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Even though you're not pregnant yet, you might already be thinking about which room to turn into the baby's room and how to decorate it. And you might be making lists of all the baby clothes and supplies that you'll need.
But it's also a good time to take some steps to help yourself have a happy pregnancy and a healthy baby.
Now more than ever, it's smart to get regular exercise, eat healthy
foods, and drink plenty of water, as well as to reduce or stop drinking
caffeine. Avoid alcohol, tobacco, and illegal drugs. When possible, avoid using
medicines, including over-the-counter medicines. Always talk to your doctor first before you stop or start any medicines.
If you are not sure when you are most likely to get pregnant (when you are fertile), use the Interactive Tool: When Are You Most Fertile?
If you haven't yet chosen a health
professional for pregnancy, childbirth, and after-birth (postpartum) care, give
some thought to your many options. For more information, see
Choosing Your Health Professional for Pregnancy Care.
If you use an intrauterine device (IUD), arrange to have it removed.
If you have been taking the Pill (oral contraception) or using birth control shots (such as Depo-Provera), try to wait until you've had your
first full menstrual period before you try to conceive. This may take up to 1
Understanding how pregnancy occurs and using fertility awareness can help increase your chances of becoming pregnant.
Keep track of your menstrual cycle and when you have sexual
intercourse. This information will help in figuring out your due date and your
gestational age after you become pregnant.
Before trying to conceive, talk to your doctor about any
medicines or dietary supplements you are taking. You and your doctor may decide that it's best to stop taking the medicine, to take a different medicine, or to keep taking it.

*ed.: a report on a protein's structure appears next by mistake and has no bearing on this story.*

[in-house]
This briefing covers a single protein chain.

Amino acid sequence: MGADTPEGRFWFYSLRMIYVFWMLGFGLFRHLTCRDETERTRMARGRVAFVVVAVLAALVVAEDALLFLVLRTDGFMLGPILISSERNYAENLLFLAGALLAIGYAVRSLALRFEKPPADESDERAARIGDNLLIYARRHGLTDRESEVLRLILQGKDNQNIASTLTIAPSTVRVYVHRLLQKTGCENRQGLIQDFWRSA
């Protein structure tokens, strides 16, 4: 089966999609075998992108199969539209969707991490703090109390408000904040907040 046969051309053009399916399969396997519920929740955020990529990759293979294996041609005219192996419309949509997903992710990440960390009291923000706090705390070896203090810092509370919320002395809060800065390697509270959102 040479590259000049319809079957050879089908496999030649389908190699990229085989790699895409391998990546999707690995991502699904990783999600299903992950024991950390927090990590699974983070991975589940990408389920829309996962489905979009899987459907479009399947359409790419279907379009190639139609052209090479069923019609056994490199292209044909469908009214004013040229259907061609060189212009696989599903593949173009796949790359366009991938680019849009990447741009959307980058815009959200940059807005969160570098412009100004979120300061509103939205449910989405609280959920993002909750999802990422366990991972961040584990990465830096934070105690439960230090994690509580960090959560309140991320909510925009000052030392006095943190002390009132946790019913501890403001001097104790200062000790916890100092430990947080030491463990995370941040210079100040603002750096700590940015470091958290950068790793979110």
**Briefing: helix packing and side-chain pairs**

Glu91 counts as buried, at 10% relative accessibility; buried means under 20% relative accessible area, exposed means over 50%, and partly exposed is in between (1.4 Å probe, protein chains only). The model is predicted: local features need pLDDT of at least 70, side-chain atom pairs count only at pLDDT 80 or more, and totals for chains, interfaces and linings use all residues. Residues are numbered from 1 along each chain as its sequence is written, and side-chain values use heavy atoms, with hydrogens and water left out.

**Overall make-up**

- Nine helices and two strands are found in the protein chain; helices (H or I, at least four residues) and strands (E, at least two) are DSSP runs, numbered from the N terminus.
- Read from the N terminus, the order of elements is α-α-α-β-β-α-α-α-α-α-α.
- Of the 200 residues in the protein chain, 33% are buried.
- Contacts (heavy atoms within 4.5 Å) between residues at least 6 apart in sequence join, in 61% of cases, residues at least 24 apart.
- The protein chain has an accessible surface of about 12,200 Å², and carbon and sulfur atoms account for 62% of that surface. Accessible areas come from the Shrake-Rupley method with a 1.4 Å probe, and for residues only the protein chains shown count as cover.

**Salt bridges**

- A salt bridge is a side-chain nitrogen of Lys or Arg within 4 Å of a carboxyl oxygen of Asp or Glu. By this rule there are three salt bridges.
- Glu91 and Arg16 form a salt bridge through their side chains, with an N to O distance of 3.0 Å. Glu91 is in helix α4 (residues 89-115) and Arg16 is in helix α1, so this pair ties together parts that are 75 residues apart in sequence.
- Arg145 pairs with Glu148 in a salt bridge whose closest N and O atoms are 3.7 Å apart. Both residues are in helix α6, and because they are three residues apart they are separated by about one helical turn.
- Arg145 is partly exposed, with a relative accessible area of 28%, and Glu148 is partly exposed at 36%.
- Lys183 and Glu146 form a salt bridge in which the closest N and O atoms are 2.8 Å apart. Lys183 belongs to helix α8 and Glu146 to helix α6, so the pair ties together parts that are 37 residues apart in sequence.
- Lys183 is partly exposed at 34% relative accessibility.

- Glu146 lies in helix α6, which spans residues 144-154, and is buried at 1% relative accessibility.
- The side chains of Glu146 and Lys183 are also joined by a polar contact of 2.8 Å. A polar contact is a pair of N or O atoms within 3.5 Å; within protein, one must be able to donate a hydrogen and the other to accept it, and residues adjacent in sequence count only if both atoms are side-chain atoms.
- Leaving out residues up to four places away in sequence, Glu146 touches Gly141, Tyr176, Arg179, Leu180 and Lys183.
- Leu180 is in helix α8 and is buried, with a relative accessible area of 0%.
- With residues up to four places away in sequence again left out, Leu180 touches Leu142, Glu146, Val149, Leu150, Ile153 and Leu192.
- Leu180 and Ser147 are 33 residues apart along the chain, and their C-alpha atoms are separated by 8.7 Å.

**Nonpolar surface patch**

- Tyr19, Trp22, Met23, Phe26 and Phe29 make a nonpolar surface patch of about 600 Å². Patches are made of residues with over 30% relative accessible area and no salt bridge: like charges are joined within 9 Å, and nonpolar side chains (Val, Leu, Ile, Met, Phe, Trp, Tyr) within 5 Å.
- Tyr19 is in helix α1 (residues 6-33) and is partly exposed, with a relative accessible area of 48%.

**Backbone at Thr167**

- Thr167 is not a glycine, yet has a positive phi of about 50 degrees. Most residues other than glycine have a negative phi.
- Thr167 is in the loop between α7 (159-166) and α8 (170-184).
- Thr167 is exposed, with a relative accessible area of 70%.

For more information on how to eat well, see the topic Healthy Eating.
If any problems or needs are found, deal with them early. Make sure
you are fully immunized to prevent potential fetal harm. For example, if you
have never had German measles (rubella) or the rubella vaccination or
are unsure, tell your doctor. If a blood test shows that you have
no immunity, you can be vaccinated. You should then wait at least 3 months
after being vaccinated before you try to get pregnant.
As a part of your physical checkup, you may want to ask for a
prepregnancy exam. Such an exam can help you find out risks to you or your potential children from pregnancy. This knowledge may help
you decide whether you wish to see a family medicine doctor or midwife for your
care during pregnancy or whether you require the care of a specialist. It may
also help you decide what tests you want to have done during pregnancy.
If you have a condition such as diabetes or high blood pressure, be sure to talk with your doctor about what this means for your pregnancy. Find out what you need to do to manage your condition and be ready for pregnancy.
Have fillings or other dental work done, if needed, before you
become pregnant. If you have
periodontal (gum) disease, have it treated before
you become pregnant.
Talk to your doctor about whether
to have screening tests for diseases that are passed down through families
(genetic disorders). Screenings for genetic disorders include those for:
U.S. Department of Health and Human Services (2008).
2008 Physical Activity Guidelines for Americans (ODPHP
Publication No. U0036). Washington, DC: U.S. Government Printing Office.
American College of Obstetricians and Gynecologists
(2002, reaffirmed 2007). Exercise during pregnancy and the postpartum period.
ACOG Committee Opinion No. 267. Obstetrics and Gynecology, 99(1): 171–173.
October 7, 2013
Sarah Marshall, MD - Family Medicine & Kirtly Jones, MD - Obstetrics and Gynecology
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